If you have heel pain, your podiatrist or physical therapist can confirm a plantar fasciitis diagnosis. Often the condition eventually goes away on its own, according to physical therapist Jim Johnson, PT, a clinical instructor at Emory University Hospital, but since this can take months, you'll want to know what you can do to alleviate pain and hasten healing. What helps…

  • Stretch the plantar fascia. Do this before getting out of bed and twice more during the day, continuing until symptoms are gone. Sit on the edge of your bed or in a chair and rest the ankle of the affected foot on the opposite knee. With either hand, grasp the base of the toes and gently pull the toes back toward the shin until you feel a stretch through the sole. Hold for 10 seconds...rest...repeat 10 times. For detailed instructions and illustrations, see Johnson's book, The 5-Minute Plantar Fasciitis Solution.
  • Stretch your calves. Increasing calf muscle flexibility helps support the plantar fascia.

Four times daily: Stand on the bottom step of a stairway, facing the stairs and holding the railing. Place the ball of each foot on the edge of the step so your heels hang off. Keeping knees straight, slowly lower your heels until you feel a mild stretch in your calves. Hold for 20 seconds...rest...repeat three more times.

  • Use shoe inserts that support the arch and cushion the heel. These change the way your feet sit in shoes, reducing stress on the feet as you stand or walk. The inserts sold at drugstores for about $15 to $20 generally work as well as more expensive custom-made inserts, Johnson noted. Put inserts in both shoes even if only one heel hurts and use them daily for eight to 12 weeks.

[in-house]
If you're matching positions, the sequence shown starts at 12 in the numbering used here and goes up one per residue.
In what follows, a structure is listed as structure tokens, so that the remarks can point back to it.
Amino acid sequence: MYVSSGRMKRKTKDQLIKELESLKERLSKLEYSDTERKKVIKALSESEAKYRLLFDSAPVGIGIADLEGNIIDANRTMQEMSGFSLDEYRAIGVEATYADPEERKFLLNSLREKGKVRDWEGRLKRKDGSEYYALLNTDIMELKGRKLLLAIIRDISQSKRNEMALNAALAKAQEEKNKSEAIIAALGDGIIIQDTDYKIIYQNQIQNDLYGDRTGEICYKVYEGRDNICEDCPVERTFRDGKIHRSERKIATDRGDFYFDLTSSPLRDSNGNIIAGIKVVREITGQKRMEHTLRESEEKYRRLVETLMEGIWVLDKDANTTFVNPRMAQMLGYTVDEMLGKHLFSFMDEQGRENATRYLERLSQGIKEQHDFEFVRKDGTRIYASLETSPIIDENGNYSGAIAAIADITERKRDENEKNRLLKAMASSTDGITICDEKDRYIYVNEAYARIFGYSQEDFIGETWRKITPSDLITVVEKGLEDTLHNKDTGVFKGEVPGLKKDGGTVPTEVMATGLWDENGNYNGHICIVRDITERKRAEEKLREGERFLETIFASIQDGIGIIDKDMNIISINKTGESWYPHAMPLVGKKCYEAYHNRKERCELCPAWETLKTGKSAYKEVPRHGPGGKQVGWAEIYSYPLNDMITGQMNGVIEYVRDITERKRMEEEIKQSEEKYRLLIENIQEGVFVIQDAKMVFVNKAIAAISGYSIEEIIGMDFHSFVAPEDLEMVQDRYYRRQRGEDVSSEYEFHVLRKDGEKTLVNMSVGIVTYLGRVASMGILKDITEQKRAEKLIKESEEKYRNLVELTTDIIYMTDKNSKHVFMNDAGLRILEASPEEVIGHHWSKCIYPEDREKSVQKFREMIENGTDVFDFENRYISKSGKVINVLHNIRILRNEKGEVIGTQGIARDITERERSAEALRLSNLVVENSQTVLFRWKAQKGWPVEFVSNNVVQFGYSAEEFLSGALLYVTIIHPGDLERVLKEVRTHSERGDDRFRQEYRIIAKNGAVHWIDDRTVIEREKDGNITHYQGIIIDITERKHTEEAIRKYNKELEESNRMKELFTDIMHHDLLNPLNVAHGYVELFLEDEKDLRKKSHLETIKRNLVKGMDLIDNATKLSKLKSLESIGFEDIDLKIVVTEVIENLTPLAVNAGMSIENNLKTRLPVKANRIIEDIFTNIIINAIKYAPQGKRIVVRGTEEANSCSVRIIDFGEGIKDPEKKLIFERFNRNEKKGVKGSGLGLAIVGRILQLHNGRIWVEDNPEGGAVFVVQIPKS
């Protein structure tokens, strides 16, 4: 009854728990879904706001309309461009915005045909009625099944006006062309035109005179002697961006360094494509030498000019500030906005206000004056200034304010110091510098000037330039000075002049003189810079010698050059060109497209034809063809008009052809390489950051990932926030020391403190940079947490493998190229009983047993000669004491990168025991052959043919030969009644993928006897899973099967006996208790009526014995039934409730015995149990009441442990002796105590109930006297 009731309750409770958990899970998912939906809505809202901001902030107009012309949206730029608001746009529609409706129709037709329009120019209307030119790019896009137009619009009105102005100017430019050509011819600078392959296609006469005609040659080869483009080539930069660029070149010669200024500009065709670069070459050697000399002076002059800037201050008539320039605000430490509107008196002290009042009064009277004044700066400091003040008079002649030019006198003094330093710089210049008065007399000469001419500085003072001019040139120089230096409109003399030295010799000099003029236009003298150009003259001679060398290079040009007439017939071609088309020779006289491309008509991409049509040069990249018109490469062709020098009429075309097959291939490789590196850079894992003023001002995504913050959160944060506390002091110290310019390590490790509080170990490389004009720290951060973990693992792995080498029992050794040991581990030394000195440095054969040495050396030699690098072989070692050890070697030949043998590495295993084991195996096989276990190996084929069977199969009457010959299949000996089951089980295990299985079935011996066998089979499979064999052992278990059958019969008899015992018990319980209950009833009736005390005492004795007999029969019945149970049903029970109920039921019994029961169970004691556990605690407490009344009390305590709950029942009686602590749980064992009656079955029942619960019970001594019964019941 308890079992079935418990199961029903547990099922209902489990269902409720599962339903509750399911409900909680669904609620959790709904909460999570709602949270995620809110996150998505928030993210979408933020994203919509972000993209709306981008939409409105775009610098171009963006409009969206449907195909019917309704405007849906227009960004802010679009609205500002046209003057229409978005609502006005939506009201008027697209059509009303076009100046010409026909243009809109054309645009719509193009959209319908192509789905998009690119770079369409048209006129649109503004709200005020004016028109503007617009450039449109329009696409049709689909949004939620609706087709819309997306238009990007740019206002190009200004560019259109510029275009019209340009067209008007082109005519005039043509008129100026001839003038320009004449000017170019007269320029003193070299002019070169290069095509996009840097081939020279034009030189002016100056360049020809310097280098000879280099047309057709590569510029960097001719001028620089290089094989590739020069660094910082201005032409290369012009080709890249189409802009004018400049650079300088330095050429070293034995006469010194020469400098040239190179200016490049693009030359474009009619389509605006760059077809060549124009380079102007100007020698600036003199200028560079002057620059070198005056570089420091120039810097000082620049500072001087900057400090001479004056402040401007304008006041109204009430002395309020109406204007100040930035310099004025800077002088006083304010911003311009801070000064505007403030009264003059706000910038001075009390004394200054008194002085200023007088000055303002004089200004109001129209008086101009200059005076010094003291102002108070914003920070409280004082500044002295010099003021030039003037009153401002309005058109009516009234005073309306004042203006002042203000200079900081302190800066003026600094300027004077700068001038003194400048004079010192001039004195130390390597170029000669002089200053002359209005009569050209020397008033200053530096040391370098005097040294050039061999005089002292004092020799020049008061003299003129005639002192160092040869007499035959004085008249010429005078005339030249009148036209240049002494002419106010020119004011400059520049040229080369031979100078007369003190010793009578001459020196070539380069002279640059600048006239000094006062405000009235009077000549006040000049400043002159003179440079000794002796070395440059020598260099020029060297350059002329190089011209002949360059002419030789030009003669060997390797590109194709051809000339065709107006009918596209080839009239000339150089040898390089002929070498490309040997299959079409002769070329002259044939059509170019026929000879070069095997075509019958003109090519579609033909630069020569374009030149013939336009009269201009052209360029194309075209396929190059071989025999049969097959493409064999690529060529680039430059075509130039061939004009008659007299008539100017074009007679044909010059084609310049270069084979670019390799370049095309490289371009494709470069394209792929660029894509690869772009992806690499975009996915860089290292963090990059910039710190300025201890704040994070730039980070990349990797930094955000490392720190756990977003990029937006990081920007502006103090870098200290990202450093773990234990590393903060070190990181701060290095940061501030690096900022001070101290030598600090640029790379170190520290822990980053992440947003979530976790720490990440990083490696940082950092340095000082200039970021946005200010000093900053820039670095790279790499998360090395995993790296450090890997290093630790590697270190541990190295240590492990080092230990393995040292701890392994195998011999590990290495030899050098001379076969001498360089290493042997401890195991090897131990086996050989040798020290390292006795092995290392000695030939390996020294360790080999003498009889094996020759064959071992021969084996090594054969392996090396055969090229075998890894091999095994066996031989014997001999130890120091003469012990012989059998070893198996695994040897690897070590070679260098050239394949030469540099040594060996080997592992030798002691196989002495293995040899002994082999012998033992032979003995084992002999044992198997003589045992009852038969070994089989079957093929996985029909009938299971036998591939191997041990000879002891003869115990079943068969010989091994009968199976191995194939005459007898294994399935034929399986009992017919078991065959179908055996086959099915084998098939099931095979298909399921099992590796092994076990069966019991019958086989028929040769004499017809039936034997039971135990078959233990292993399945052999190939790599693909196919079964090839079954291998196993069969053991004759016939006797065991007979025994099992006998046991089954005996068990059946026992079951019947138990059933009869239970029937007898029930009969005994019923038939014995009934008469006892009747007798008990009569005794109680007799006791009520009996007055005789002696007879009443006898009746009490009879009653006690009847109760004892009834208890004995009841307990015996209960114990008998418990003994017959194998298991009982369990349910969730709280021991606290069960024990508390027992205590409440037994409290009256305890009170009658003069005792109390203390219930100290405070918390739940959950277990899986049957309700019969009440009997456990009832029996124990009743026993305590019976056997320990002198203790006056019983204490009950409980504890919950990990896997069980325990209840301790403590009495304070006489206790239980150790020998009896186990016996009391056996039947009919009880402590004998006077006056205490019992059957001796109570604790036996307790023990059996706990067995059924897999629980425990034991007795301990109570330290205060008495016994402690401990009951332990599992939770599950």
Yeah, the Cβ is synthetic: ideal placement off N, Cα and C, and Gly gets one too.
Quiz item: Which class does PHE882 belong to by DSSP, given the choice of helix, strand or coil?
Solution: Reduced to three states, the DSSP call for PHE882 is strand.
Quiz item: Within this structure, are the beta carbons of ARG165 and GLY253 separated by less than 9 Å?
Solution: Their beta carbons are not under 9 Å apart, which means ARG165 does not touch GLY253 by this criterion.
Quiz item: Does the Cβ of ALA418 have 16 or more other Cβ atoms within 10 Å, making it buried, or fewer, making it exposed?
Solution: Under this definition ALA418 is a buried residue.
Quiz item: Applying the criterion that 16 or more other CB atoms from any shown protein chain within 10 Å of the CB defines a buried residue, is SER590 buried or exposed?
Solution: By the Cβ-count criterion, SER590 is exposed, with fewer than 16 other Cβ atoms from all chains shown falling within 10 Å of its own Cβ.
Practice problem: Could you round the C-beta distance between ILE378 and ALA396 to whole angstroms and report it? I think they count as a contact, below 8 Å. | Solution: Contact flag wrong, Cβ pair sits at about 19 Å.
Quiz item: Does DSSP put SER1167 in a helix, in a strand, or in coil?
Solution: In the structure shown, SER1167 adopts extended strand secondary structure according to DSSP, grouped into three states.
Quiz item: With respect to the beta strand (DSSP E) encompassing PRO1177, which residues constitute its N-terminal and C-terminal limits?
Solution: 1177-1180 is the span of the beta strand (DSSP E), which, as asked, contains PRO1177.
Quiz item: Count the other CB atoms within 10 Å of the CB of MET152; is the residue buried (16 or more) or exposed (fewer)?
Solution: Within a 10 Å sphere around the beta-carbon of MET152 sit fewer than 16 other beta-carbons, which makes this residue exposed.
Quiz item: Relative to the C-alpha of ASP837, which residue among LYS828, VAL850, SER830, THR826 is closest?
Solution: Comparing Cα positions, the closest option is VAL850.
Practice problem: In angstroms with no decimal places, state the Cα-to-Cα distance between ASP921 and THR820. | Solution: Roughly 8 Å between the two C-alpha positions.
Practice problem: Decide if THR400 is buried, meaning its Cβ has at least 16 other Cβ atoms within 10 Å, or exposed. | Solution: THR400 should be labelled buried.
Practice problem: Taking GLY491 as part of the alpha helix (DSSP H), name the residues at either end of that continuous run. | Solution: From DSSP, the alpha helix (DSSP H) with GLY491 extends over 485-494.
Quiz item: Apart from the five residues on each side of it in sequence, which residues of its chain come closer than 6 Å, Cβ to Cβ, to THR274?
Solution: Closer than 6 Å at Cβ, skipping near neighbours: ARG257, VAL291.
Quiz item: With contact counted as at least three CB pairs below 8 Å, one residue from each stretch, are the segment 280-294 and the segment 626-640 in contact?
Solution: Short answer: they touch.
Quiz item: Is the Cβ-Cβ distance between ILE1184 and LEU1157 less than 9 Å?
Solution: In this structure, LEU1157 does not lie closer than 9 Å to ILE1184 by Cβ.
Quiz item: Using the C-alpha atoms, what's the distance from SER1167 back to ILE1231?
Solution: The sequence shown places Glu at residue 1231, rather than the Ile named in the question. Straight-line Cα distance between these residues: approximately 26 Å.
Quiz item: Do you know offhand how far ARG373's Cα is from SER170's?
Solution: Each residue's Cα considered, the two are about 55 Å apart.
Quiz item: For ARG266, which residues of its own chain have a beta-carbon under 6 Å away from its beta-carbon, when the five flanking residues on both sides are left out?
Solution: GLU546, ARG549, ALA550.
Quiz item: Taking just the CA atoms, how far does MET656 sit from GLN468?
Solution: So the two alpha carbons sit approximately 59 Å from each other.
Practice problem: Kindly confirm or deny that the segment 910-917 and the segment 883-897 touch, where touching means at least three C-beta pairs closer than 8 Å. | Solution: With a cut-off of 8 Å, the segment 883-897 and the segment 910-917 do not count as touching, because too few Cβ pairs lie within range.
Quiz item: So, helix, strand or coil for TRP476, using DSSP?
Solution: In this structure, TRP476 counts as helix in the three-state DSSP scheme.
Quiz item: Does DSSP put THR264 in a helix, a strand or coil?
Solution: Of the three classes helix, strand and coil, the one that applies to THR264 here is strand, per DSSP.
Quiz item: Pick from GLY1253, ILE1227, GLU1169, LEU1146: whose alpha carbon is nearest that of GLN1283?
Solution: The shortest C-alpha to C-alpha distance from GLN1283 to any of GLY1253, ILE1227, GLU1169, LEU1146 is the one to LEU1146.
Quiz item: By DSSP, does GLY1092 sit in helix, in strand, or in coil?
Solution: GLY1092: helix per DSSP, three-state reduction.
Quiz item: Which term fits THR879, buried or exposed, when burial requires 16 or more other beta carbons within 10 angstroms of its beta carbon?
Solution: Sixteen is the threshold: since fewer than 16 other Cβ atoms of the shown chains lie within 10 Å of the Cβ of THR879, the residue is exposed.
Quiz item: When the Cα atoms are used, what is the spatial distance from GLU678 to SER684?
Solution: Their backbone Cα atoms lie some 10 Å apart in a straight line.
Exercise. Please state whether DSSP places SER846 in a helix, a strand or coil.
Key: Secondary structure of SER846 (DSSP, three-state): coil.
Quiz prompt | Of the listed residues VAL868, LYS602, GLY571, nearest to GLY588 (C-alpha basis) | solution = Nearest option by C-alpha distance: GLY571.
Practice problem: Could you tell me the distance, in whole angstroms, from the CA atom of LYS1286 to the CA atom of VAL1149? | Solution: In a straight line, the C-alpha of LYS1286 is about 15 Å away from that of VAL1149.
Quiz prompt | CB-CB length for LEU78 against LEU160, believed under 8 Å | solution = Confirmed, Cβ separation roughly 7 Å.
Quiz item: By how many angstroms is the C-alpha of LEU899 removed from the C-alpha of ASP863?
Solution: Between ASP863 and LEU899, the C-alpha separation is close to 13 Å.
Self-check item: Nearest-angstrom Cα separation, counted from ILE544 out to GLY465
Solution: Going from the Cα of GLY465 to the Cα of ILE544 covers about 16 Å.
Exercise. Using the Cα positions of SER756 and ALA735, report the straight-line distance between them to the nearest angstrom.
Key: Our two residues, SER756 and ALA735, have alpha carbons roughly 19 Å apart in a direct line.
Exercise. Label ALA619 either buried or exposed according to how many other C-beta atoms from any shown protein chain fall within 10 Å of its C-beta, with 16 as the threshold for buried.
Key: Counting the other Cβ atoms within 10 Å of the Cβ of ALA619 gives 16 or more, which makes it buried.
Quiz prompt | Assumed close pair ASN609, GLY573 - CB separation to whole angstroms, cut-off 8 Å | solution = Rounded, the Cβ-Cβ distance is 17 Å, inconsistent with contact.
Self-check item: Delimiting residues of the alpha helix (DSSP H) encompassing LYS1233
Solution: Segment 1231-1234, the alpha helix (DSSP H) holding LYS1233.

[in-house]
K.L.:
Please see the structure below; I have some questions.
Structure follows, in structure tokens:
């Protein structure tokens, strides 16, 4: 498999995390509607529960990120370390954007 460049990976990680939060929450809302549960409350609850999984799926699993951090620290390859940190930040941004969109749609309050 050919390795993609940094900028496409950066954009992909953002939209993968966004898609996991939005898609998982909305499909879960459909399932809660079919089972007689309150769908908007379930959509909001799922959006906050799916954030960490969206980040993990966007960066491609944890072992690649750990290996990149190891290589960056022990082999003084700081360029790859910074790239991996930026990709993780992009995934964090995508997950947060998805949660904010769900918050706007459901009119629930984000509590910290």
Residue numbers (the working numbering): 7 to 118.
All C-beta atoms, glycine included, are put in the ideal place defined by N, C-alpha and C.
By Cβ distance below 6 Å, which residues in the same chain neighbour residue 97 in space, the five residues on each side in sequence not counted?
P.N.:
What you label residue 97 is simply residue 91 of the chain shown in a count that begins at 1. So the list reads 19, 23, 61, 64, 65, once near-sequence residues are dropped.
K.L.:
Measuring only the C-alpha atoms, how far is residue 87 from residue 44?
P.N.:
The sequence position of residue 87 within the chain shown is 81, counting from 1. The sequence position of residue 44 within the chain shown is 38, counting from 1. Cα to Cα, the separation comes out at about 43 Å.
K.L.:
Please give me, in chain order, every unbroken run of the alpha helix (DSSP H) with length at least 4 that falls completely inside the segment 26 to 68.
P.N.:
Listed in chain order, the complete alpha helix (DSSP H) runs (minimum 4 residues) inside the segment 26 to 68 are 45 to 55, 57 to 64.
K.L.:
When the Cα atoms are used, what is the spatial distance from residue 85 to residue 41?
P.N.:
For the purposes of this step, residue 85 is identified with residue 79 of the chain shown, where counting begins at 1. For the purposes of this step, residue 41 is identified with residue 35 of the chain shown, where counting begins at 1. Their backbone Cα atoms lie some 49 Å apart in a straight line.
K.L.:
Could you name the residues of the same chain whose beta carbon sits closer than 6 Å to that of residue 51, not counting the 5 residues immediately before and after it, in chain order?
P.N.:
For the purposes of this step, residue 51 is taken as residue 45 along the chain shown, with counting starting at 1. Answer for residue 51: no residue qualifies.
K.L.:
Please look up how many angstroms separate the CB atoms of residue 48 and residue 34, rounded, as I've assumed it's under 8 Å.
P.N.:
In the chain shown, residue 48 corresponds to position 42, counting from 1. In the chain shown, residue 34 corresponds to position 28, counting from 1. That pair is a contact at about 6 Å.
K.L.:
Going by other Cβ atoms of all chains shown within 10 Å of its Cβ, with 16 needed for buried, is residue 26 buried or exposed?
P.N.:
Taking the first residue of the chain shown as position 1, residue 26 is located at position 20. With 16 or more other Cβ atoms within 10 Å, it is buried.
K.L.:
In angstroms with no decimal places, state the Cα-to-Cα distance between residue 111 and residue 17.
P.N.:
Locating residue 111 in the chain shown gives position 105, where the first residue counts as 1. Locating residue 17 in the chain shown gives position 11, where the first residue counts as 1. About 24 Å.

• Wear a night splint. Tissues in the sole tend to constrict and tighten at night, which is why plantar fasciitis patients often experience pain upon arising in the morning. The night splint, which looks like a big plastic boot, prevents constriction by keeping the ankle and foot at a 90° angle overnight, Johnson explained. Unless you have pain in both feet, it's OK to wear just one splint. Use it nightly for 12 weeks. Night splints start at about $40 and are sold at medical-supply stores and online (for instance, check www.footsmart.com/c-night-splints-20.aspx).

Johnson advised that surgery on the plantar fascia be considered only as a last resort. And even then, beware—surgery can cause the arch to drop and compromise foot stability and there is no conclusive evidence that it helps. A better medical treatment option to try is extracorporeal shockwave therapy, in which a machine sends ultrasonic waves through the sole, causing micro-injuries that are thought to increase the flow of blood and healing nutrients to the tissues. Fortunately, though, for most patients the aforementioned self-help techniques are enough to make heel pain a thing of the past.

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